Again, I'm not entirely sure if all he says could possibly be true or not, but it's interesting to read anyway.

Wednesday, November 03, 2004

4 More Years...

So Kerry finally concedes. I watched the returns nonstop last night from 7:00pm-3:00am, predicting, correctly, that Bush would win. And indeed it did all come down to Ohio. As I have said before, I voted for Kerry, but I still truly did not mind a Bush victory. I have said many times there were both advantages and disadvantages to both of them.

I am glad Bush won for his North Korea policy of bilateral talks. Kim Jong Il had been known to be watching the American election closely before negotiating to see if there would be a shift in power. No dice. Maybe now he will submit and realize that multi-lateral talks are the only way he can communicate with us.

Anyway, I wouldn't have been completely happy with either Kerry or Bush becoming president, as each of them is significantly flawed. However, with Bush's victory, it is time to unite the country. I know we have been very polarized as a nation for the past year and more, but we have to accept the voters' decision. In this race, Bush won in both the popular vote and the electoral college, so I don't see this become another 2000 election debacle. It is my hope that such antics do not occur in 2004.

Tuesday, November 02, 2004


Check out the recently updated "Naenara" site. Definitely worth a browse.


According (at one remove) to South Korea's Yonhap News
North Korea on Tuesday urged its people to be armed against foreign liberal culture, saying the "bourgeois wave" is a psychological tactic by the United States aimed at destroying the Pyongyang regime. The U.S. "is trying to send in obscene publications and discrepant rogue recordings using travellers, and worse, mini-radios and televisions using balloons," Minju Chosun, the North Korean Cabinet's journal, said in its latest publication,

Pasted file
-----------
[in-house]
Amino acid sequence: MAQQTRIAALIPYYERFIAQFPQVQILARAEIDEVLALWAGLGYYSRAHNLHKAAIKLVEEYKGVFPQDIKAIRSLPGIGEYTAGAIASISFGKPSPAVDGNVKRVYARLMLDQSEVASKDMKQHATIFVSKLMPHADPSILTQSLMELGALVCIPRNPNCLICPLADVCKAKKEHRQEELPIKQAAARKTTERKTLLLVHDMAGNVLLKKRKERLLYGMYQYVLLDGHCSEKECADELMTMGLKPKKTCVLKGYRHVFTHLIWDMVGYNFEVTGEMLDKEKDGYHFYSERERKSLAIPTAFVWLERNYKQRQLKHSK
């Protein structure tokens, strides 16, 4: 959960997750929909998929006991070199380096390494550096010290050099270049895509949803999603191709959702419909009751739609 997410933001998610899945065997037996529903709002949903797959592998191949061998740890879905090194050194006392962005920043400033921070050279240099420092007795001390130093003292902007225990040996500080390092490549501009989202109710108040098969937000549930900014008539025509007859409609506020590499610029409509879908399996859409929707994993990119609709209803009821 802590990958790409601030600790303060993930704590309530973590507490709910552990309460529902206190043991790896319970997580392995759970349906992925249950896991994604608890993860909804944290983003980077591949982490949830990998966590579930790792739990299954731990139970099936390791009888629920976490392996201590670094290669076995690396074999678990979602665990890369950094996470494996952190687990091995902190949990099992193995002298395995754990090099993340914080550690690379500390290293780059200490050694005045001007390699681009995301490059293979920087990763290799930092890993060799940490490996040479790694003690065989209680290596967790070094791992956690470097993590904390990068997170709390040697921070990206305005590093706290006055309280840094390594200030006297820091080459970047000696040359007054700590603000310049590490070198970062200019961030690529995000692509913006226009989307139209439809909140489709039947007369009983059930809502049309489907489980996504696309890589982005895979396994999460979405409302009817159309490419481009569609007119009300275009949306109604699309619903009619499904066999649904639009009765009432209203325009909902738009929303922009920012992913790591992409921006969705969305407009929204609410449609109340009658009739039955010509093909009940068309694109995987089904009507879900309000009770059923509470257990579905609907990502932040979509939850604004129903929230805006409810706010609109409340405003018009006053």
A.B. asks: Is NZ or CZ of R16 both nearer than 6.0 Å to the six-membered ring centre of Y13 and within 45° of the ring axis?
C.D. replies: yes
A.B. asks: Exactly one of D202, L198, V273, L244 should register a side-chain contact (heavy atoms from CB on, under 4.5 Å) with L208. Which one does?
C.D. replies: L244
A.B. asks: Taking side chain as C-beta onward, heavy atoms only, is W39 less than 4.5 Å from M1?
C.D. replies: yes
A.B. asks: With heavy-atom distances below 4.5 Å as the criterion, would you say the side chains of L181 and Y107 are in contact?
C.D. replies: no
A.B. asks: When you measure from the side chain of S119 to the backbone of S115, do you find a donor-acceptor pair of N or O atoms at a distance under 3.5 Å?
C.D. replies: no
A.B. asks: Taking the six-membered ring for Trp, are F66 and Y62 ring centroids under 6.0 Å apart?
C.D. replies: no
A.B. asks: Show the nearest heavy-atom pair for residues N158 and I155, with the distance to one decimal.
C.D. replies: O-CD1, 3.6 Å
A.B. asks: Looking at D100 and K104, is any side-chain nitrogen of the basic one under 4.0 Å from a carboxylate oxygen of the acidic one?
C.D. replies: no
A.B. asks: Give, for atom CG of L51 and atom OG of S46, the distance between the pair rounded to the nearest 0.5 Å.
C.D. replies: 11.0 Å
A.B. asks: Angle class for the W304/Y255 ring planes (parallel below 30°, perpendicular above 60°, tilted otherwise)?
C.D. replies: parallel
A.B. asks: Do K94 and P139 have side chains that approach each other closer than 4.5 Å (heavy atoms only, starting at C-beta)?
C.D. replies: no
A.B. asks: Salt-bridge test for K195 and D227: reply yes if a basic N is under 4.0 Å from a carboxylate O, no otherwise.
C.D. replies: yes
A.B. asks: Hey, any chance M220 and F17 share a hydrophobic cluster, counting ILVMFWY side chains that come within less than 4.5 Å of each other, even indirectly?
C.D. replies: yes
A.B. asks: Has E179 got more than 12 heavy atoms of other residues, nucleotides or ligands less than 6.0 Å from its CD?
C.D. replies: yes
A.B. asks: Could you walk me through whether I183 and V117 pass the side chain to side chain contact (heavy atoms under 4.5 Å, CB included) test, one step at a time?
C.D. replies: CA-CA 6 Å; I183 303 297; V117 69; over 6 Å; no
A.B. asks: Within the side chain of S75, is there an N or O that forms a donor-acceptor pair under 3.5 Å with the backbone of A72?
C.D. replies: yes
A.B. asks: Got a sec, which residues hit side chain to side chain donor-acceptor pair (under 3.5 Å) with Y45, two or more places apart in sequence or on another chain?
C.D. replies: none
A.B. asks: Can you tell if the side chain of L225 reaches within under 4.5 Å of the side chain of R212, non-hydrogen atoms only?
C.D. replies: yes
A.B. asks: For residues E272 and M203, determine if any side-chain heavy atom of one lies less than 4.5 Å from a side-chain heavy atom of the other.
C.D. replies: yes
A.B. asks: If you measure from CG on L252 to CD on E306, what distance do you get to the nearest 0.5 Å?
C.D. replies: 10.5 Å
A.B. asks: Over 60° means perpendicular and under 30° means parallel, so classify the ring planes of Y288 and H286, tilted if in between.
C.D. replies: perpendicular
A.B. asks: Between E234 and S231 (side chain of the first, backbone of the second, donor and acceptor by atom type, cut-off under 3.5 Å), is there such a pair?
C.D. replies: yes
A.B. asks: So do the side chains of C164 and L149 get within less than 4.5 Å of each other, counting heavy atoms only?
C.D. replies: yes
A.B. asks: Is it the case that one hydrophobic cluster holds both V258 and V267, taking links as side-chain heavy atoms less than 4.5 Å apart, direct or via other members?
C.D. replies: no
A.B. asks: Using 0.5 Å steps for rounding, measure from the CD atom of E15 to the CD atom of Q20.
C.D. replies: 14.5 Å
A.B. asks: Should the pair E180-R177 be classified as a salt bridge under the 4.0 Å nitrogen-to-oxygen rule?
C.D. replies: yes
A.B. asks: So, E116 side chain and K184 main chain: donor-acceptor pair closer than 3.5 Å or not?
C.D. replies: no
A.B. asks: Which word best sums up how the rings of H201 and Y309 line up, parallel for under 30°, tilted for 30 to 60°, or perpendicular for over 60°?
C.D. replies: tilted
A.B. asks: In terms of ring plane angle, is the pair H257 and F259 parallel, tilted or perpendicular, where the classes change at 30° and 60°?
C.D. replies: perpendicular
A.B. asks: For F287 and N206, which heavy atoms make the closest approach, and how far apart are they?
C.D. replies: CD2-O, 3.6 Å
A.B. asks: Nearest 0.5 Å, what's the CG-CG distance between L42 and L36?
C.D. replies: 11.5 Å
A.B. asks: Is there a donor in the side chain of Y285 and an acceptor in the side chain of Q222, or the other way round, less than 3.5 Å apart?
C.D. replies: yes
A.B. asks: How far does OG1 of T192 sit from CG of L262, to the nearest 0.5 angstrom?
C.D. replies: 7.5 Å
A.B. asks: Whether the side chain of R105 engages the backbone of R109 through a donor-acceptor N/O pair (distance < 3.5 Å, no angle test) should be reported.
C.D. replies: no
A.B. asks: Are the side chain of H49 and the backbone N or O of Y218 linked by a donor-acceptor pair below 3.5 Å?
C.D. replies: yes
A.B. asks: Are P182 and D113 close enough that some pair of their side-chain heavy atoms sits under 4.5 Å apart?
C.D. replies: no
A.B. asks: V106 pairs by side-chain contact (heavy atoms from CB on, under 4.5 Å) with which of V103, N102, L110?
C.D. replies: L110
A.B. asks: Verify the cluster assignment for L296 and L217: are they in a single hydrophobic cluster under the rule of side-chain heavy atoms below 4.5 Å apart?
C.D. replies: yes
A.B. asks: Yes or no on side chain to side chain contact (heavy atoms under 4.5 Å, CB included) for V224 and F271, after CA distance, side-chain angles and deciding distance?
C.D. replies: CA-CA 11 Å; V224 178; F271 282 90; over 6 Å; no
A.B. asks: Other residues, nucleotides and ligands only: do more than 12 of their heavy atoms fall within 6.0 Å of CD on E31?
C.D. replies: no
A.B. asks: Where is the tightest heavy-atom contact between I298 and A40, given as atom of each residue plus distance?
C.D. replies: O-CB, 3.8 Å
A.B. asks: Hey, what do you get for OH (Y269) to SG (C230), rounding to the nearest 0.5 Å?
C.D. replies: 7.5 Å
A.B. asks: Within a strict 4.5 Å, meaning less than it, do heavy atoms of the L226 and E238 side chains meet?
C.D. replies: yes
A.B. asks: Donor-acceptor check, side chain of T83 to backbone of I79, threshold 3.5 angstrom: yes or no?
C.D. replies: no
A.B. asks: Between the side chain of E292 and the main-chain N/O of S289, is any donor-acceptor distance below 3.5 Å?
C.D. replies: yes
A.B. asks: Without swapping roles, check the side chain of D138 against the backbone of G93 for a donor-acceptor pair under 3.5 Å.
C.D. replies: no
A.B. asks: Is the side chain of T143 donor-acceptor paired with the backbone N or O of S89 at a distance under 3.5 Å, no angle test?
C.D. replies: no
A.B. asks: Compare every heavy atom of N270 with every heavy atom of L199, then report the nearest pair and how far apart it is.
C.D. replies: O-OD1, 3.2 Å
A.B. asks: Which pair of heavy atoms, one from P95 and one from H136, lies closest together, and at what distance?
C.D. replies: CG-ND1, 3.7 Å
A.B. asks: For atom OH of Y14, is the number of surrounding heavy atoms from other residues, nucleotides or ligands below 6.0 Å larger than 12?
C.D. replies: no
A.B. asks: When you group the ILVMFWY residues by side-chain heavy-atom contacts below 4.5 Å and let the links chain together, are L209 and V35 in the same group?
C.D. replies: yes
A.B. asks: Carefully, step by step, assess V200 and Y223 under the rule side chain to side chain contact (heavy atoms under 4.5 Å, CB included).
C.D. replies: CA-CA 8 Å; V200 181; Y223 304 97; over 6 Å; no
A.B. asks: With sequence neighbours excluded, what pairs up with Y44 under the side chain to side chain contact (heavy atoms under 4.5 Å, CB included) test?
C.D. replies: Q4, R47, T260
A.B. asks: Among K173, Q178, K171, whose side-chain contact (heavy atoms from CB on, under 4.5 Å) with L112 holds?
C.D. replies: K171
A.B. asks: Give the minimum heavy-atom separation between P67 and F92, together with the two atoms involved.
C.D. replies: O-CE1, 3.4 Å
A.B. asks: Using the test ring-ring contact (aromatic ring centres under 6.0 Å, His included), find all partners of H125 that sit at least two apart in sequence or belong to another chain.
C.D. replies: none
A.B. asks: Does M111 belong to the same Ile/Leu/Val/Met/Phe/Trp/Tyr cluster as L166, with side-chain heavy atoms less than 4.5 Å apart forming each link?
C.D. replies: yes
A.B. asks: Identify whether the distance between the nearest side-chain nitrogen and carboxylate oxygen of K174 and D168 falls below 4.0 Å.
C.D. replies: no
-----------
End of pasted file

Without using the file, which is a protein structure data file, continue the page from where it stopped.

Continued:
This caught my eye in light of Ken Quinones's statements about changing North Korea one mind at a time with DVD's, magazines and the like. It is apparent that some in P'yongyang are aware of the subversive potential of Western media.

DPRK claims southern provocation in naval incident

Of course, probably nothing new here. This BBC article, quoting the KCNA, conveys a North Korean assertion that its ships were on a "routine patrol" and that only the actions of its commanders prevented a bloody encounter.
To follow up Lauren's post, it seems that this kind of incident is nothing new, as similar encounters in years past have actually resulted in shots fired and people killed. I think North Korea is testing the limits of "how far it can go," like it does around the negotiating table.